One of the central tenets of green interior design is the need to carefully husband natural resources so that a home can be more sustainable. One of the main ways this can be achieved is by using renewable resources. There are numerous renewable resources available such as coconut, cork, water hyacinth, hemp and rattan. In terms of speed of growth the best renewable resource is bamboo.
There are over 1,400 varieties of bamboo. On average bamboo matures in just 5 or 6 years. It doesn’t need pesticides and fertilizers and it uses less water than trees. Moreover bamboo produces more oxygen than trees. It is a plant with excellent eco-credentials. This post will look at some of the properties of bamboo and how they can be used to ‘green up’ a home.
Bamboo is hard
Bamboo has a Janka Hardness rating of about 1,400 pounds force. When bamboo is compressed into strand woven bamboo and made into flooring planks with a hard finish the Janka Hardness increases to about 2,500 pounds force. This makes strand woven bamboo flooring as hard as oak and ash flooring. Bamboo has a grain and a light wood color and so makes a great type of sustainable flooring and alternative to hardwood flooring.
Bamboo is versatile
Bamboo is not a wood but a plant; however, bamboo can be worked like wood. Trees take many years to mature and are needed to recycle carbon from the atmosphere. The conclusion is obvious: we should replace wooden products in the house with bamboo items. It is now possible to order a wide range of useful bamboo home items through the internet such as bamboo blinds and shades, bamboo kitchen utensils, bamboo mats, bamboo stakes for the garden and bamboo furniture. In the Far East turning bamboo into useful household items has turned into art. Check out this link to link to bamboo art in Japan for examples for the versatility and potential of bamboo as a material.
Bamboo charcoal is highly porous
When bamboo is heated in a kiln it becomes bamboo charcoal. This is a substance that makes a great fuel as it is smokeless and odorless. It thus makes an environmentally friendly barbecue fuel. In the home bamboo charcoal is useful primarily because of its high porosity. Bamboo charcoal has a weight to surface area ratio of 1:600. This means that bamboo charcoal is great in the home to remove unpleasant odors. Normal air fresheners often contain VOCs that cause medical problems for people. Bamboo charcoal is a good alternative to standard air fresheners.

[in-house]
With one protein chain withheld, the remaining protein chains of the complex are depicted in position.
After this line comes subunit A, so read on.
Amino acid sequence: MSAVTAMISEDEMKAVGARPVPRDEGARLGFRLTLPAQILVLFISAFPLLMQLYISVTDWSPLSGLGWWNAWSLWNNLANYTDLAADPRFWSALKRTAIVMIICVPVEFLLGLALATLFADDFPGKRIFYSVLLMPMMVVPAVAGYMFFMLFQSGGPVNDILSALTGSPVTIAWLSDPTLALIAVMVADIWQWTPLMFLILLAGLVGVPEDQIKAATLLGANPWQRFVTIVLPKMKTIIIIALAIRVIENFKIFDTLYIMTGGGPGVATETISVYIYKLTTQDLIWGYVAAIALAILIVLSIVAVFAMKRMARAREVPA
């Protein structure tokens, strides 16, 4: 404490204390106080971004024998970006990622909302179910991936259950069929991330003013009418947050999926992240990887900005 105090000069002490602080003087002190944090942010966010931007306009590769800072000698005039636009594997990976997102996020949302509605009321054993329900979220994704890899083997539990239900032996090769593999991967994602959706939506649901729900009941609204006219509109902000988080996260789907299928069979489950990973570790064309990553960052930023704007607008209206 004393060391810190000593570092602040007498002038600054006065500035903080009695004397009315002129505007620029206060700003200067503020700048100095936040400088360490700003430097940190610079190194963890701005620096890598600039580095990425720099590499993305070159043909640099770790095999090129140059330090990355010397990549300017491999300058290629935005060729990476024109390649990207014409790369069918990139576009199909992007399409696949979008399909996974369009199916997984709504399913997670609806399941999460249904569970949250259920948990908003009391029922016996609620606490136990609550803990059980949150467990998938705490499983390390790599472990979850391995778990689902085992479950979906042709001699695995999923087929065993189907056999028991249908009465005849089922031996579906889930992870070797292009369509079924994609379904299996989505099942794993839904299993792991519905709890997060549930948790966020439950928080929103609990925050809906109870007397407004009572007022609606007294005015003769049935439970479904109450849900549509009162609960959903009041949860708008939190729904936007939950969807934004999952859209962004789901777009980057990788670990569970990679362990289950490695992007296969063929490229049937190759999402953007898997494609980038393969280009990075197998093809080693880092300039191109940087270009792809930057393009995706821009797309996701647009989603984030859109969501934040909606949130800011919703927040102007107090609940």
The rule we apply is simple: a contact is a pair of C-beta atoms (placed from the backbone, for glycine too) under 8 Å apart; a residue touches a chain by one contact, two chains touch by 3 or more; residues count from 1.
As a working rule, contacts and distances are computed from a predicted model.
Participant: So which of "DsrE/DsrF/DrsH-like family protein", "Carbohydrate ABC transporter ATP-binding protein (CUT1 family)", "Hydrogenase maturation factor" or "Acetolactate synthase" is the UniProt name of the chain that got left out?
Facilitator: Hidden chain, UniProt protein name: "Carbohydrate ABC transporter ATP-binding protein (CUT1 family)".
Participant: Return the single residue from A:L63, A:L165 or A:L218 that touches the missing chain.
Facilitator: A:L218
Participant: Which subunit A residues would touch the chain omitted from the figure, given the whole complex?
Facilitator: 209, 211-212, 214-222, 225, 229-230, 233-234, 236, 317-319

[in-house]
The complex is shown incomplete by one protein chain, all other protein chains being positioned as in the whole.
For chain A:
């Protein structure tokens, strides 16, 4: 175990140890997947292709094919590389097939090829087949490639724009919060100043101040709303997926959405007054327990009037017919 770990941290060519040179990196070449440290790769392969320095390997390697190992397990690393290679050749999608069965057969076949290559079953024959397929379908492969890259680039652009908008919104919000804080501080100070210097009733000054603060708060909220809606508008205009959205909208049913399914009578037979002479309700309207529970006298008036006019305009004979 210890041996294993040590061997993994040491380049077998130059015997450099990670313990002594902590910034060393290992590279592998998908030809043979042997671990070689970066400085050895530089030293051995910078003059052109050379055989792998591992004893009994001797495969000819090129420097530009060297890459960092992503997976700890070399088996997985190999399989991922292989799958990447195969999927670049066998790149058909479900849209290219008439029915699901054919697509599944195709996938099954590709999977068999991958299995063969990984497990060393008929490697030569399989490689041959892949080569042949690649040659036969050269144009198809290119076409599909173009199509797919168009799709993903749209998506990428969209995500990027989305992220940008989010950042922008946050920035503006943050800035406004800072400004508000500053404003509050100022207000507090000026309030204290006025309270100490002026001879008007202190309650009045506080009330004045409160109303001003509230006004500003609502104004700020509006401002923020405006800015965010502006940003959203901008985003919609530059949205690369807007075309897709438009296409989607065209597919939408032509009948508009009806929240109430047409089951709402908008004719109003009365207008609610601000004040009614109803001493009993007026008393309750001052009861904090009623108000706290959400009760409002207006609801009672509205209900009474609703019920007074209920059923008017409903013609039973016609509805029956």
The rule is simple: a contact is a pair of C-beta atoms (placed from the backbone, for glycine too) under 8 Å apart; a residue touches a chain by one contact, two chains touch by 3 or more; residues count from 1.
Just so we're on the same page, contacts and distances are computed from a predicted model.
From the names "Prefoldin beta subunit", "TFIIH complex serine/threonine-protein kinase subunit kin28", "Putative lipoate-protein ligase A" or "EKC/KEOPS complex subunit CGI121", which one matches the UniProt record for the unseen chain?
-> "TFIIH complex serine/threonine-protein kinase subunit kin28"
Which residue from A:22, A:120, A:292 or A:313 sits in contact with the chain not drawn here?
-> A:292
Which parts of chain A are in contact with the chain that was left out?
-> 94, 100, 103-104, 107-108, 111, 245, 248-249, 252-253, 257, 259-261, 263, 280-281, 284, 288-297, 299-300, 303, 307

Bamboo charcoal can be used to dehumidify rooms during the hot summer months because it pulls the excess water vapor out of the air. To restore the absorbing ability of bamboo charcoal it just needs to be left for a few hours in sunlight.
Another great product that uses the high porosity of bamboo charcoal is bamboo charcoal soap. It cleans skin better than normal soap because it draws dirt out from the very bottom of the pores. Also bamboo charcoal soap doesn’t leave a residue on the skin and thus allows the body’s natural oils to moisturize after washing. Bamboo charcoal soap is recommended to remove bags under the eyes and to clear up acne.
Bamboo is antimicrobial, antibacterial and anti fungal
Bamboo has been used for centuries as medicine for a variety of complaints. Bamboo vinegar is particularly prized in China for its medicinal powers. It is still used to treat cases of poisoning. A modern off shoot is the bamboo vinegar foot detox patch that is placed on the foot overnight and helps to reduce toxin levels in the body.
For the home products made of bamboo help to improve hygiene – the bamboo fights viral and bacterial pathogens. Such things as bamboo flooring and bamboo window treatments do a lot to reduce allergic rhinitis attacks and other sicknesses.
Bamboo vinegar also makes a great green cleaning alternative to toxic and polluting cleaners. Bamboo vinegar is diluted with water and can be used to clean flooring, kitchen surfaces and toilets. It can also be used like regular vinegar to clean windows.
The bamboo tradition
None of the above is new. While scientists in the West are beginning to understand better why it is so useful, the knowledge of how to use bamboo has been with us for centuries. In many parts of the world bamboo has a central place in communities supplying building materials, food, fuel, medicine and natural habitat for animals. If the fact is conceded that consumer culture is here to stay then the best way we can do is to use bamboo and other such renewable resources to limit the negative impact on the environment of this modern cultural phenomenon of consuming as a lifestyle choice.